The BLM and Forest Service, which hold title for nearly an order of magnitude more Wyoming turf, employ well more than a thousand full-time employees in the Equality State. The Bridger-Teton National Forest alone, Y2 Consultants pointed out, employs more than 200 full-time employees — double the lands office’s entire staff.
A land management transfer, the consultants found, would not be a moneymaker for Wyoming.
“Without significant changes to federal law,” the study says, “we would not anticipate any substantial gains in revenue production or additional sources of revenue with any transfer of management — certainly not enough to offset the enormous costs such an endeavor would likely entail.”
Federal land management incurs so much expense because of complicated layers of regulation and federal law. Y2 Consultants labeled it “an incredibly complex puzzle of interwoven and sometimes conflicting pieces.”
Without acquiring the deed, Wyoming would have to adhere to those same federal statutes and rules, whether the Federal Land Policy and Management Act, National Forest Management Act or National Environmental Policy Act triggers them.
In 2014 alone the BLM in Wyoming handled 1,500 NEPA actions, including environmental impact statements, environmental assessments, categorical exclusions and determinations of adequacy, the study says. That same year the BLM processed 56 requests through the Freedom of Information Act, another one of the time and resource-intensive federal laws that Wyoming would be obliged to adhere to were it to take over management.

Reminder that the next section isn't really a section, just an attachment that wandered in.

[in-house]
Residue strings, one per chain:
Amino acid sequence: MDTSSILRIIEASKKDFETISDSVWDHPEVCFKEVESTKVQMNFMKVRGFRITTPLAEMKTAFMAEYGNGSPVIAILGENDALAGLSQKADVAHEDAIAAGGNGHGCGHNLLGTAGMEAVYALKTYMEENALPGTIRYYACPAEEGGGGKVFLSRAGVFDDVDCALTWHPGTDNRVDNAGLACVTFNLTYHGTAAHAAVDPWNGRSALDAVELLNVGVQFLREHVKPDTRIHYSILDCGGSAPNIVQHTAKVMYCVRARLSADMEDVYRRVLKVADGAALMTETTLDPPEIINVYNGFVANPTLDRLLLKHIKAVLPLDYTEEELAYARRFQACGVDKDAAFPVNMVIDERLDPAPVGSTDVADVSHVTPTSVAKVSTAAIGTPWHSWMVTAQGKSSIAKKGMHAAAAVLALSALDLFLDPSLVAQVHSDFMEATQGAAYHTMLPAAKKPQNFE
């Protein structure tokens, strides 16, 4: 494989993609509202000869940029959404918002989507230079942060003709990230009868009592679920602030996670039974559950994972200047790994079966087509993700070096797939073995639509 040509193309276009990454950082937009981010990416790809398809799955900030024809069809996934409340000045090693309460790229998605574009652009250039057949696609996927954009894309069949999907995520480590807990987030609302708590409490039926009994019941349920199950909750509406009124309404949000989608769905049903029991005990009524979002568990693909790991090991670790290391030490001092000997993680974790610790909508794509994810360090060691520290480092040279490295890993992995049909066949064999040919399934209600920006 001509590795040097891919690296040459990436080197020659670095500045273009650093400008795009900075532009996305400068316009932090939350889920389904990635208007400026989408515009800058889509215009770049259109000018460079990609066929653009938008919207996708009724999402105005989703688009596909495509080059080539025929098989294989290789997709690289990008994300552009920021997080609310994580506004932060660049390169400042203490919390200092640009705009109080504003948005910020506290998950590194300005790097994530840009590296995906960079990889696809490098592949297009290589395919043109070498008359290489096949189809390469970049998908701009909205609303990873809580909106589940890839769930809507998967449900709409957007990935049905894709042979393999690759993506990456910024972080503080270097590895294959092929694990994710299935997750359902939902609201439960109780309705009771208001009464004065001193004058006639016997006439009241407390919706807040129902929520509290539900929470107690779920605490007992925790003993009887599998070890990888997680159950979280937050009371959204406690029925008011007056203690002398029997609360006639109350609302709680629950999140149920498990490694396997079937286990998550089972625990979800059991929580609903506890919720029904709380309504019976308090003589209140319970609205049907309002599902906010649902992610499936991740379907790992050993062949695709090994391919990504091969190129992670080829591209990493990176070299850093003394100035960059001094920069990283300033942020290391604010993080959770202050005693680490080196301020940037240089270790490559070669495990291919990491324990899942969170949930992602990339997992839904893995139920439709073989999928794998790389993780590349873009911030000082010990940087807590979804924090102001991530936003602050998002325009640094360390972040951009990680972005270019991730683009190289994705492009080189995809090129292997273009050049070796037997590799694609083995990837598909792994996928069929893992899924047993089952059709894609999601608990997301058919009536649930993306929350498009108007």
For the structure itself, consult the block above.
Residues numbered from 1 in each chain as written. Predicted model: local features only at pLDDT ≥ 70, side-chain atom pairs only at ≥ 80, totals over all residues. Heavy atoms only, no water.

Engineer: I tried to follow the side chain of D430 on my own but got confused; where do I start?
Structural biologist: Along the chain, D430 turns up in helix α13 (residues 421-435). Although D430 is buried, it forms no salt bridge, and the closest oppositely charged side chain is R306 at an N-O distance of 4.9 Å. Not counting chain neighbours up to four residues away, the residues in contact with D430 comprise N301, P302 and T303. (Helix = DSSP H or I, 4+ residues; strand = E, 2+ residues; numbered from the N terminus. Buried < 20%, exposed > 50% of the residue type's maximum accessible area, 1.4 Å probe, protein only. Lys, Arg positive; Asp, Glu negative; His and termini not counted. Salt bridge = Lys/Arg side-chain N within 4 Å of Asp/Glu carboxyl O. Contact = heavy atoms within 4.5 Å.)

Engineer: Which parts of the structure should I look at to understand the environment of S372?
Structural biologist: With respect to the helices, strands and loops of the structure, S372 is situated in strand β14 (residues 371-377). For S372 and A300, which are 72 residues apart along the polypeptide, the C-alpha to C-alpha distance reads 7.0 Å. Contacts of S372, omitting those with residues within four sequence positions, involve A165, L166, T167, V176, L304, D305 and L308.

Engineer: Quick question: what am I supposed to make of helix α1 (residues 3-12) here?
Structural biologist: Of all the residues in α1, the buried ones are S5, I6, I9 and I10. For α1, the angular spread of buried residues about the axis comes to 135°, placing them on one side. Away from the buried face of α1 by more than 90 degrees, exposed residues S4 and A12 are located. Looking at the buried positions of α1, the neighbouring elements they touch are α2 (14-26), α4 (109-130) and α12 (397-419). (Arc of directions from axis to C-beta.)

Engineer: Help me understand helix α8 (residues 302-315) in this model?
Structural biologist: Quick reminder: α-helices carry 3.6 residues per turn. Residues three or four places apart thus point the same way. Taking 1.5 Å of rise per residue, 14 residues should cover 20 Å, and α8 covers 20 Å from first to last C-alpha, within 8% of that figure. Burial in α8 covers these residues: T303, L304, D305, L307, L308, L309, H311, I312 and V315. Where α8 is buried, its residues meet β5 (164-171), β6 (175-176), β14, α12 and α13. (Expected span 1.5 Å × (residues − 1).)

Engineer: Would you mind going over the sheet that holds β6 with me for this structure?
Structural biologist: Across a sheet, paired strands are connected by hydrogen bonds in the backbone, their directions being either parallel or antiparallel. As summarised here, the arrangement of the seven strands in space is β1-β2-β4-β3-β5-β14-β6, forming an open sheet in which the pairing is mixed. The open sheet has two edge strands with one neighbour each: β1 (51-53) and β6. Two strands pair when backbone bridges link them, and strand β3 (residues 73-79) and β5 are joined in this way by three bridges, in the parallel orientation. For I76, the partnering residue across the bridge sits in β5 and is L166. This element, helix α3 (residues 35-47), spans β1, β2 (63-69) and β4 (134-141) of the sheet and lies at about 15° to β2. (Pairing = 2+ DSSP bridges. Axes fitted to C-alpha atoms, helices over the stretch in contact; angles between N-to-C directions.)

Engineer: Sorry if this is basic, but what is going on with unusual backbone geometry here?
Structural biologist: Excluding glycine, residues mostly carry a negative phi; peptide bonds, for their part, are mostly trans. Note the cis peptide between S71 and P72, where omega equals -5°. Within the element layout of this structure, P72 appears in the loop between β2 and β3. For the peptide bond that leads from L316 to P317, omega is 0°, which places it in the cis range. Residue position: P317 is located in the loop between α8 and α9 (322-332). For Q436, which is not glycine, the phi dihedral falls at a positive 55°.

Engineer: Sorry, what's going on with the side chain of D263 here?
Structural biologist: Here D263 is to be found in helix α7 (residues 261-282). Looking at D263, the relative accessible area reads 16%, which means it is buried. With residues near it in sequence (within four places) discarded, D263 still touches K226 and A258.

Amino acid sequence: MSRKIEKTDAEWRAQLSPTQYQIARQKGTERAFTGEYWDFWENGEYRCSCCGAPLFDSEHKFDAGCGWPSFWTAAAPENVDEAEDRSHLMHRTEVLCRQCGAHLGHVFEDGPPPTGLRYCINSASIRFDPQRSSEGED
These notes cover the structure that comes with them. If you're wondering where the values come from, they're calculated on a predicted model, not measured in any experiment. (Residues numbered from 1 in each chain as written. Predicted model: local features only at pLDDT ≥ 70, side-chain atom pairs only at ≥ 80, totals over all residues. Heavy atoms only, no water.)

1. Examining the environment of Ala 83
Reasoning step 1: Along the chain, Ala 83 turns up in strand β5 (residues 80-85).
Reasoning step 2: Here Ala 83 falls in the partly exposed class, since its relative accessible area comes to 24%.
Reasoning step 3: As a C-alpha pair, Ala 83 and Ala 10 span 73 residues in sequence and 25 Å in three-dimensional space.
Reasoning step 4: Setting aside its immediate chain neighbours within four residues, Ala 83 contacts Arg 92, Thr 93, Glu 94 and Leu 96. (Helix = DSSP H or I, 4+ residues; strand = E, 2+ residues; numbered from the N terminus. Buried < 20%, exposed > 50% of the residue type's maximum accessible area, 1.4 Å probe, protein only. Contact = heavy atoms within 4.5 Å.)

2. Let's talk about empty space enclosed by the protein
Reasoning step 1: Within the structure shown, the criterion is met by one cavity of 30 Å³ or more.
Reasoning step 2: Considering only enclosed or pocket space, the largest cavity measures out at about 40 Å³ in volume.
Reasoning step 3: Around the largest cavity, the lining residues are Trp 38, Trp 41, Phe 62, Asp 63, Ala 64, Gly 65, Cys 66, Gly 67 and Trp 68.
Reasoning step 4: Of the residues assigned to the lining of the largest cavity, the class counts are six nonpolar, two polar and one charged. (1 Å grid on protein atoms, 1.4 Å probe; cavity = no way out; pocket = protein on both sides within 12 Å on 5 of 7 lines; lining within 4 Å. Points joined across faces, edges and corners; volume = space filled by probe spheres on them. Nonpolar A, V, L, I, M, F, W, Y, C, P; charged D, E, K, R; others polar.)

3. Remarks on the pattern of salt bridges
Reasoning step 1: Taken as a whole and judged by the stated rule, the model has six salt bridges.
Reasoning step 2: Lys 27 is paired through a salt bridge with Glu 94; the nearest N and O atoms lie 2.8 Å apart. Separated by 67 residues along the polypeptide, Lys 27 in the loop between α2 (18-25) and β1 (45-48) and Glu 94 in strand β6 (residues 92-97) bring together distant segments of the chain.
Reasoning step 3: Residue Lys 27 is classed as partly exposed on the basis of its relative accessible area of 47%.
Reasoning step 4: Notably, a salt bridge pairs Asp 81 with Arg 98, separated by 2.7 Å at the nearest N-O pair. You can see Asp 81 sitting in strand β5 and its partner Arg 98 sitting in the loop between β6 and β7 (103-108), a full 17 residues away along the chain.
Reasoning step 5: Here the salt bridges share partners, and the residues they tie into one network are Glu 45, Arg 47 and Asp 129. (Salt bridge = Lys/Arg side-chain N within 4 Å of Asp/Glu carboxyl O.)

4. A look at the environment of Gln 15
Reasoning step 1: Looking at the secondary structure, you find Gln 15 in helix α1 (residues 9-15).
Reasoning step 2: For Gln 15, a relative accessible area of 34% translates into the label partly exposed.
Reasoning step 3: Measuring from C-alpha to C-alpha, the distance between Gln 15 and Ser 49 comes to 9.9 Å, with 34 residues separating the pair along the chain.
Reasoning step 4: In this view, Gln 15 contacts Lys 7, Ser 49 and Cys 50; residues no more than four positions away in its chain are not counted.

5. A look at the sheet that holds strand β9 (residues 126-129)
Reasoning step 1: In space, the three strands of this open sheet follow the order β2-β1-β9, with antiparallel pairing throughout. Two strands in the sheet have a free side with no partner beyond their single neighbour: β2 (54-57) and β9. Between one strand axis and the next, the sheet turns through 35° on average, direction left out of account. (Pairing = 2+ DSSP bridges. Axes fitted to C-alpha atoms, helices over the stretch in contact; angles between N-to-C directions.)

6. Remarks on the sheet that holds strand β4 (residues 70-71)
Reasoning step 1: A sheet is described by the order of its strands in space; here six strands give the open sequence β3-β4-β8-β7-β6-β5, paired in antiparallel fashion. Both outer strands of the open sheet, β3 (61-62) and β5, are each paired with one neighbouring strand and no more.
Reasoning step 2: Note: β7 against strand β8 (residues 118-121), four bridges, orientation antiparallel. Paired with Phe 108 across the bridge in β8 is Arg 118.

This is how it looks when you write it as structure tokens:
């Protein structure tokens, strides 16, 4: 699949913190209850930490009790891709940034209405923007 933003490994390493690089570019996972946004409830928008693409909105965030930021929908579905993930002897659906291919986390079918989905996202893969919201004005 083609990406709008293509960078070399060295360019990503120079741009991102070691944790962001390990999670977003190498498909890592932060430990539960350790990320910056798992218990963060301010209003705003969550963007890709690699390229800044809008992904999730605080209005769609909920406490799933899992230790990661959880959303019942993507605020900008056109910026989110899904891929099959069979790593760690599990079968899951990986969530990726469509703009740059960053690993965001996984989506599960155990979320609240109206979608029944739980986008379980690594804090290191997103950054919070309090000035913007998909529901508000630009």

In the “land use planning” chapter, the study lays out a long list of steps the Forest Service and BLM must follow under federal law when crafting legally required management plans. In Wyoming, by contrast, there are zero statutory requirements for the state to complete comparable land management plans, the document says.
Short of new legislation the burden of abiding with the federal laws would go with any transfer of management authority.
“We believe the resources of the state would best be utilized if directed at tackling smaller pieces of this puzzle,” the Y2 Consultants team wrote. “Numerous impediments from the straightforward to the extremely complicated make the prospect of such a state takeover of the management of federal public lands unlikely to succeed.”
The transfer from federal government to state, the consultants said, would face “fierce opposition legislatively” and would likely not achieve better-managed federal lands that are more reflective of the concerns of local communities.
Instead the study recommends state and local communities become more involved in the management of federal lands through existing mechanisms like state-level Natural Resource Policy Plans. Those plans — which federal land managers must meaningfully consider — describe local government and citizenry’s preferred environmental conditions, be it for livestock grazing, travel management or oil and gas extraction.
“These plans would allow for more timely and robust influence of federal land management actions across the state,” the Y2 study says.